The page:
Federal NDP Leader Tom Mulcair’s position on the Alberta oilsandsappeared to remain largely unchanged after his one-day tour of theregion on Thursday but his remarks were more moderate in tone. Mulcair was making his first visit to the oilsands, just a fewweeks after he criticized the industry for artificially inflatingthe Canadian dollar and hurting the manufacturing sector in EasternCanada. Speaking at a news conference at the provincial legislature,Mulcair said that the oilsands should be developed but on asustainable basis and that the high dollar is hurting all Canadianexports, not just those from the manufacturing sector. He continued to blame the federal Conservatives for what he viewsas their reluctance to enforce environmental laws in the oilsandsand make polluters pay.
“I wanted to make that a very clear point we’re talking aboutwhat the federal government is failing to do right now,” he said. Mulcair started his day early by taking a helicopter tour of theoilsands and visiting the Suncor site. Wood Buffalo mayor Melissa Blake speaks with media Thursday aftermeeting with Tom Mulcair. (CBC) “We were able, during the helicopter part, to really take in a vastvista of what was being accomplished and it’s extraordinarilyimpressive but it also brings with it real challenges and realchallenges that if we don’t assume in this generation, we’re goingto bear in future generations.” he said.
Mulcair held his news conference shortly after meeting in withAlberta Deputy Premier Thomas Lukaszuk, who was taking the place ofPremier Alison Redford. Redford is in Virginia attending theBilderberg conference. Lukaszuk said he told Mulcair that Alberta does what it can toextract natural resources in an environmentally responsible manner,and that pitting one region of the country against another andpointing fingers at Alberta will not be tolerated. “I have provided him with expectations of the premier, frankly, ofAlbertans, not to be used in any political games and I believe thathe has heard that well,” Lukaszuk said. What did Mulcair say in response? “He listened and he took it under advisement,” Lukaszuk replied. Android Wifi Gps Phone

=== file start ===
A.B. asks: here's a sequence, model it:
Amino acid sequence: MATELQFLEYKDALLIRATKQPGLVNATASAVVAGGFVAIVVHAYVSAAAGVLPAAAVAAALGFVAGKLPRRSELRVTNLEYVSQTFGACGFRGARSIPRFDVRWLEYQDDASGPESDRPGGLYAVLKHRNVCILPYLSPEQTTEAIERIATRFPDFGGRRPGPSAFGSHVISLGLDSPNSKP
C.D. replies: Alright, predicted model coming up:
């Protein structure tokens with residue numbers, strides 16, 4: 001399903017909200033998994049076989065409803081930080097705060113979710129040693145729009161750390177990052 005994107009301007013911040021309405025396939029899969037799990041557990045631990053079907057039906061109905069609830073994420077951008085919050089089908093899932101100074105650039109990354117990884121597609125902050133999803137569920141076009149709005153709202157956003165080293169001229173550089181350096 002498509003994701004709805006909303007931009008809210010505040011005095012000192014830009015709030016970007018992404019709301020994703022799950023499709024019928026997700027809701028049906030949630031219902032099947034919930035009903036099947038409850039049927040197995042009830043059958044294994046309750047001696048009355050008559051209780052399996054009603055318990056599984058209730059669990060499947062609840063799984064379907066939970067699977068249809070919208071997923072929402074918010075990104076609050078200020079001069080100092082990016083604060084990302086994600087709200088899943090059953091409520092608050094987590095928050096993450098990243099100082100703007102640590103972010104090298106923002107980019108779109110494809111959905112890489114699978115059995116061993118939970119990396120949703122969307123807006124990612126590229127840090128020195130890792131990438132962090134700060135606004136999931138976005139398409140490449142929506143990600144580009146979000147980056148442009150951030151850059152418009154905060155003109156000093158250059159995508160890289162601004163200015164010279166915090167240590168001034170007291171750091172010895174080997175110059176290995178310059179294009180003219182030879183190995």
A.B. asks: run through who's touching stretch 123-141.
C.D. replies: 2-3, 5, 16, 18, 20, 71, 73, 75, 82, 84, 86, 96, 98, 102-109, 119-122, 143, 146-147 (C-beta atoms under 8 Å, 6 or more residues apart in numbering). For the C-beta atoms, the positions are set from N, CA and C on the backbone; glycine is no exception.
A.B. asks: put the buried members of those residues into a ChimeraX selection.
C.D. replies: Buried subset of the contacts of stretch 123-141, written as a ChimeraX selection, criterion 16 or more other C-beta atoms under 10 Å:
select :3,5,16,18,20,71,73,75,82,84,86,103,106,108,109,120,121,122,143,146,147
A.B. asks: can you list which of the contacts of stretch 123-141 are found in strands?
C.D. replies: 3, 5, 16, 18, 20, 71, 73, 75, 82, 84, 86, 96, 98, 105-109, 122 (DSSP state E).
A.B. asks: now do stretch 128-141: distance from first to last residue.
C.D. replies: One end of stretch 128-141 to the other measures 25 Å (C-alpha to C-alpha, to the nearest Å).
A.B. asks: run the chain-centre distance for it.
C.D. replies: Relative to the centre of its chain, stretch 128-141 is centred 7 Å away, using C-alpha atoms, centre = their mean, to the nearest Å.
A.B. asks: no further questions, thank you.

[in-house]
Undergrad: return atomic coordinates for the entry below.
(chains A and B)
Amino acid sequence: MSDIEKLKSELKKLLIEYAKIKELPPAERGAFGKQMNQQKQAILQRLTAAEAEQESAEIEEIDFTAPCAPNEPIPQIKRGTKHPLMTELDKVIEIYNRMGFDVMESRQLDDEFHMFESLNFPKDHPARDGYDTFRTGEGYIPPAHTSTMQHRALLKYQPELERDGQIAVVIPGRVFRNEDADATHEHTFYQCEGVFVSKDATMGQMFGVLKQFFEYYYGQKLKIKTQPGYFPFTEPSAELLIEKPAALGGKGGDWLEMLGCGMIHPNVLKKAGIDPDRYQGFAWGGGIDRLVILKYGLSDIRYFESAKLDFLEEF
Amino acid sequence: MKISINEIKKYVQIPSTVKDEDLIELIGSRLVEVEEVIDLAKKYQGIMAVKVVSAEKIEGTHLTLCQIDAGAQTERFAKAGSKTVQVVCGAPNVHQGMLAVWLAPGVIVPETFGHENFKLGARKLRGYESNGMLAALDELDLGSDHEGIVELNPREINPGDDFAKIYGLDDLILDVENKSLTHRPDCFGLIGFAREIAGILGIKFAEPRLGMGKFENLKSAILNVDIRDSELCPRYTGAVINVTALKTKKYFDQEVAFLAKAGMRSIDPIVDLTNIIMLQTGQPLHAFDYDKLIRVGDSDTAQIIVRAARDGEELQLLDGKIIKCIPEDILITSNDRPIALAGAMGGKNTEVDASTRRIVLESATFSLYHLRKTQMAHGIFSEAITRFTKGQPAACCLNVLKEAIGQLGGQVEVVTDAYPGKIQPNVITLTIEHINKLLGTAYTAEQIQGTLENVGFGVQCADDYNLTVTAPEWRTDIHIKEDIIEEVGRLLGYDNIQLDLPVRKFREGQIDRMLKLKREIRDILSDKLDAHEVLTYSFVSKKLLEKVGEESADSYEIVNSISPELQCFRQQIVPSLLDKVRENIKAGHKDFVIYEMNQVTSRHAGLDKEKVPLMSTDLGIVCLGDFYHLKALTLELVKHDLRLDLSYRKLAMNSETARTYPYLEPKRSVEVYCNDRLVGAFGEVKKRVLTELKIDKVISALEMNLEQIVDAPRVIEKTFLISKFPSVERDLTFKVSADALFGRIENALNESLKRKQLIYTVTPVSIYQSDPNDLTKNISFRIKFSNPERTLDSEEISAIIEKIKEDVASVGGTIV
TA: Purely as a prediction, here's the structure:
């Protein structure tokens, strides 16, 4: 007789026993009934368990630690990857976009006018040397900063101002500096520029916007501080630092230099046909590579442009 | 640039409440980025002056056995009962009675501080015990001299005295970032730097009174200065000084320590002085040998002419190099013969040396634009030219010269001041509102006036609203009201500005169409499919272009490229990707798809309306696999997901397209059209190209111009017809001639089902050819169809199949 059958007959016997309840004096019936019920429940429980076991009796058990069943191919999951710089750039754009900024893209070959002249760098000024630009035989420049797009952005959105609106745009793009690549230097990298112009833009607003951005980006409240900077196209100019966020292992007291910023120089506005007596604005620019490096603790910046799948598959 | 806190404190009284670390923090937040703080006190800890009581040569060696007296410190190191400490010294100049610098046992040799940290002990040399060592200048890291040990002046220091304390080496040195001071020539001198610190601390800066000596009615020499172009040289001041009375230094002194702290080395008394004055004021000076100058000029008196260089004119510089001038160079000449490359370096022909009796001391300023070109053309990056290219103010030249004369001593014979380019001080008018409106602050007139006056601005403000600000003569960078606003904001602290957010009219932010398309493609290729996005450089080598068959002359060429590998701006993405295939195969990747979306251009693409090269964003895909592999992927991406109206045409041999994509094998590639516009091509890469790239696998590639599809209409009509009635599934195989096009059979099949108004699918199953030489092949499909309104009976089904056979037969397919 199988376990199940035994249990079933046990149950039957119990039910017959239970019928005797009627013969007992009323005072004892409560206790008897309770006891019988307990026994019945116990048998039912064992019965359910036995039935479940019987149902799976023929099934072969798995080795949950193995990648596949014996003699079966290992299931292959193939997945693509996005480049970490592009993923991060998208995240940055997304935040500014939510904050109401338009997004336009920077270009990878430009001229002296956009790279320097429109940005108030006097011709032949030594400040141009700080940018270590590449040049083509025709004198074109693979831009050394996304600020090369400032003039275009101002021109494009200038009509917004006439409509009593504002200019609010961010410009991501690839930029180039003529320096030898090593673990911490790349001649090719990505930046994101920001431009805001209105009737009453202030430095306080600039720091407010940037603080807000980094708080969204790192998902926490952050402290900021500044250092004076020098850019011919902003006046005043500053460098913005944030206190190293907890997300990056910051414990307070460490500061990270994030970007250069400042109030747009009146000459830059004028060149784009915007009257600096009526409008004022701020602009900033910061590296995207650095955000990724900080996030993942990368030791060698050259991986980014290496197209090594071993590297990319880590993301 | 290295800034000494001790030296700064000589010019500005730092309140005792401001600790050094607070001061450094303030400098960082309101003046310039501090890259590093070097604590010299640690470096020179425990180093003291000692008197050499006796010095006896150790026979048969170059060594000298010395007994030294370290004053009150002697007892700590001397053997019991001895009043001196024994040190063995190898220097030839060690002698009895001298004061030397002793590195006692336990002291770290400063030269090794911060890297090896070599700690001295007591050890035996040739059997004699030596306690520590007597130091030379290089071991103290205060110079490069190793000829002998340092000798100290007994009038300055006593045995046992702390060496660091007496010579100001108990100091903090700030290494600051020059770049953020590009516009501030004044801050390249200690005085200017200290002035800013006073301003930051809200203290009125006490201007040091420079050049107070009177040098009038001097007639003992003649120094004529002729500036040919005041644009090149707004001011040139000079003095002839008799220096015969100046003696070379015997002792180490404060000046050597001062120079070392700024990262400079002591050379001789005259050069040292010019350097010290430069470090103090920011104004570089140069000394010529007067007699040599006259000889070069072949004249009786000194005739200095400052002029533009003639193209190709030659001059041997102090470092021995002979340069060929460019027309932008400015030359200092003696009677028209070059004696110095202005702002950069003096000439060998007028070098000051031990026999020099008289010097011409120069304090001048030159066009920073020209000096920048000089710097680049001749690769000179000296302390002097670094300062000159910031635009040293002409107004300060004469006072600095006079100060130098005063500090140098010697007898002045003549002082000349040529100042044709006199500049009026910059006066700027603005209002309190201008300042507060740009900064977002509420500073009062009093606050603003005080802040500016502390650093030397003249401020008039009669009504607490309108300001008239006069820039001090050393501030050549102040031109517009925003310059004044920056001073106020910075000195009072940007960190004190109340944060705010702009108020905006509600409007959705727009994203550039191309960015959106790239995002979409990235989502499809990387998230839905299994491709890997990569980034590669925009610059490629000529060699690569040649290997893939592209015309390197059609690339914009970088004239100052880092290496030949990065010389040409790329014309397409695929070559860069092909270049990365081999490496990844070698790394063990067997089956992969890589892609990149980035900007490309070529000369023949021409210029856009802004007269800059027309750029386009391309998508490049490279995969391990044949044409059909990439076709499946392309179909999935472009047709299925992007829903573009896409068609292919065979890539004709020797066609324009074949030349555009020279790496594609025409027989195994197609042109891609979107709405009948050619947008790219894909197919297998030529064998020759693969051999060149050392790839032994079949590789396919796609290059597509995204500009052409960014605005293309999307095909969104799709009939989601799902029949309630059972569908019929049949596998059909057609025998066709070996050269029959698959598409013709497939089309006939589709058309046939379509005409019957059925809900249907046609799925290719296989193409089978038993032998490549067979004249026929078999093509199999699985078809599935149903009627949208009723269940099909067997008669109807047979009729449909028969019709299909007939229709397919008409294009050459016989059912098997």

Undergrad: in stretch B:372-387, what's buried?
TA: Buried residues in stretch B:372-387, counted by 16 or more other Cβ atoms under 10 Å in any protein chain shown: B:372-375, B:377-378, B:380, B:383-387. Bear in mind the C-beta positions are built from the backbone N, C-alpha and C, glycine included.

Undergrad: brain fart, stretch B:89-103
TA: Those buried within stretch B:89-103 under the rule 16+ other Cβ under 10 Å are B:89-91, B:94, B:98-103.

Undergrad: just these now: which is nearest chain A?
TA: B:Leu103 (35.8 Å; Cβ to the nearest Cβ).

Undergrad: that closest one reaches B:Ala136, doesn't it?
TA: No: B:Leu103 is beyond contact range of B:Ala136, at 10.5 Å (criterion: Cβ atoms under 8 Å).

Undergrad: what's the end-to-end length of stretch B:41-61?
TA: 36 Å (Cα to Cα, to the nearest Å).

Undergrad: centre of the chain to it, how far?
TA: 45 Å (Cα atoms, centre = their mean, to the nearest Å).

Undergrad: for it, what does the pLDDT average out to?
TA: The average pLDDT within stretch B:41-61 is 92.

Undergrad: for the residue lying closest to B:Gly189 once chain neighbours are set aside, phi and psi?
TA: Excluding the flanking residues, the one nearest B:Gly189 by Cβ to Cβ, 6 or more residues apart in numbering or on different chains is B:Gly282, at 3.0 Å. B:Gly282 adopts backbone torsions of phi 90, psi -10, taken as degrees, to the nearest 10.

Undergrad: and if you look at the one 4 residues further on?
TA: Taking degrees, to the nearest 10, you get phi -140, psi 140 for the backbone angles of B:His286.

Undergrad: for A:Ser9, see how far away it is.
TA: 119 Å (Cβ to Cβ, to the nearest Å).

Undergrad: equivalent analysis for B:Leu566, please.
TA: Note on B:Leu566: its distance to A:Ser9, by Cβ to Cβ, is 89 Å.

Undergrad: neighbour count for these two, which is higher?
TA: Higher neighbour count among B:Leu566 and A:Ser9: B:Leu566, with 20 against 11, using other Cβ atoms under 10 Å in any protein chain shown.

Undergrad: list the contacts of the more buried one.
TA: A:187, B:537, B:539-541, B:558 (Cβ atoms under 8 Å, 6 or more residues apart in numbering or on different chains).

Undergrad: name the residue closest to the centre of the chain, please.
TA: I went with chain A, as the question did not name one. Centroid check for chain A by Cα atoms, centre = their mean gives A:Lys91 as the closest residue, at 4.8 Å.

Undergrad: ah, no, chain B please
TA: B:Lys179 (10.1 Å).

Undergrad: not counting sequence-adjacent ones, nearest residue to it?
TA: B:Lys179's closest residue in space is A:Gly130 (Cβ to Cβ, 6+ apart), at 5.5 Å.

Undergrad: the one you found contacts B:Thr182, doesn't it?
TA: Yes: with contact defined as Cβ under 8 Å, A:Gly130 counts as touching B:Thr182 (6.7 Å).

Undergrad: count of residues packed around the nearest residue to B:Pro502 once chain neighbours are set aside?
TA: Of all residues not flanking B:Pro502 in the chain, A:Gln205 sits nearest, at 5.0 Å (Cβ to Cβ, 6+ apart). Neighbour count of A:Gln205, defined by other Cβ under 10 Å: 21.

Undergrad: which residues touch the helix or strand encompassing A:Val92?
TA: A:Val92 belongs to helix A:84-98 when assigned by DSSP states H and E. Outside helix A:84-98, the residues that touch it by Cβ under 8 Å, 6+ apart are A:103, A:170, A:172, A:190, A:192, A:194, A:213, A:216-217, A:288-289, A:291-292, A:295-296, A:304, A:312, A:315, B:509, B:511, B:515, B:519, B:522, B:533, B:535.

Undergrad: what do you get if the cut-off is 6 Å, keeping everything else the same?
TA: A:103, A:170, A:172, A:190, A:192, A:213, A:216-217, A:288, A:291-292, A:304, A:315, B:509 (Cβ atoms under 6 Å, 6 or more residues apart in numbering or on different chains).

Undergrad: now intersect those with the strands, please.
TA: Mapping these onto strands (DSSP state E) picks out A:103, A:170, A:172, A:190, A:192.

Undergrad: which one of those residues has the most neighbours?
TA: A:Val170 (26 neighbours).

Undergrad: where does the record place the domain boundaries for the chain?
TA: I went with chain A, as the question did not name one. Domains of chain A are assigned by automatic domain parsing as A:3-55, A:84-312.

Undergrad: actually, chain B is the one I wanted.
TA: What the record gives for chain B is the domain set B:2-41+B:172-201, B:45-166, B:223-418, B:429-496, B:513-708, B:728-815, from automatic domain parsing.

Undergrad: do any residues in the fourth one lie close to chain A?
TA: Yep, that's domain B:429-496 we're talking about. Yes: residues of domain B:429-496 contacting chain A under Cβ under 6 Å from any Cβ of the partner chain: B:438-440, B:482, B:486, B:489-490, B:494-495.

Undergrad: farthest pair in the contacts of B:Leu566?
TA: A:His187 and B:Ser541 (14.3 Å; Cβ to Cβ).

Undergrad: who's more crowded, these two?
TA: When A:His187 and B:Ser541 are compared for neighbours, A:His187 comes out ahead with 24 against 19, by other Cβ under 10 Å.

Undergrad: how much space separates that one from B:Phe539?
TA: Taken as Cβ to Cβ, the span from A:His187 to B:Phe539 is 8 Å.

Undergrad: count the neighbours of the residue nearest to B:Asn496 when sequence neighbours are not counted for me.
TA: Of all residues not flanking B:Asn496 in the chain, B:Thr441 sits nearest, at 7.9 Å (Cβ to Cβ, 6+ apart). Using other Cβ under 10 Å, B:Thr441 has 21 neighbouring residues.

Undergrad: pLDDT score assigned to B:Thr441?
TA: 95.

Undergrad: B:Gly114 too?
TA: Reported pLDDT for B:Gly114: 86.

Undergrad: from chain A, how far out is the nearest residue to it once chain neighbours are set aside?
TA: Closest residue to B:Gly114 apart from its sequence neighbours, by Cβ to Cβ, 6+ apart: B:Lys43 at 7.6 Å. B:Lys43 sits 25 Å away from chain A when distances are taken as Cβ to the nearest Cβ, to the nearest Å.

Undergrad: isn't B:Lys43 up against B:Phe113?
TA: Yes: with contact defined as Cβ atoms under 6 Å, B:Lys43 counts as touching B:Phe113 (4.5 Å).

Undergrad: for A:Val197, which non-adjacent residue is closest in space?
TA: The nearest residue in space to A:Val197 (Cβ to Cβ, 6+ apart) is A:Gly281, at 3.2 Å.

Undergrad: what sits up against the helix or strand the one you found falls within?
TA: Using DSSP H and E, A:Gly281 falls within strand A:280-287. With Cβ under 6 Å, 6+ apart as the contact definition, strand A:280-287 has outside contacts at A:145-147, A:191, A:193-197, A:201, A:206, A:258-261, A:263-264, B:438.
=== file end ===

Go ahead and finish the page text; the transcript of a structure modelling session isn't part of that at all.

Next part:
Mulcair said the meeting was “cordial” and called Lukaszuk a”gentleman.” Fort McMurray mayor disagrees with ‘Dutch disease’ theory Earlier in the day, the mayor of Fort McMurray, Alta., gave Mulcaircredit for touring the oilsands and meeting with localrepresentatives Thursday morning. NDP Leader Tom Mulcair (left) visited Fort McMurray as part of histour of the Alberta oilsands on Thursday. (CBC) “His passion is deep for the advances he’s trying to make in termsof environmental legislation,” said Melissa Blake. “He’s got somevalid points. He’s got some that I disagree with.” Blake said she emphasized she disagrees with how big a role theoilsands play in so-called “Dutch disease.” Before Mulcair departed for Edmonton, Blake gave him a loot bagthat included: A municipal development plan. Mini Laser Stage Lighting Manufacturer
Reusable shopping bags (plastic bags are banned in themunicipality). A water bottle. A pen and pencil set (Blake told Mulcair to work on policies inpencil as they may need to be erased and sign things in pen). A sponge buffalo (She told Mulcair to squeeze it when he’s stressedabout climate change, but to remember real buffaloes live on landreclaimed from oilsands mines) Some Fort McMurray residents said they wished that Mulcair hadvisited the region first before weighing in on the effects of theoilsands. China Resistive Touch Screen Tablet PC
“If you’re going to make a statement about a certain portion of theeconomy, or certain portion of the country, you should have somefirst-hand experience about it,” said Kent Pickett.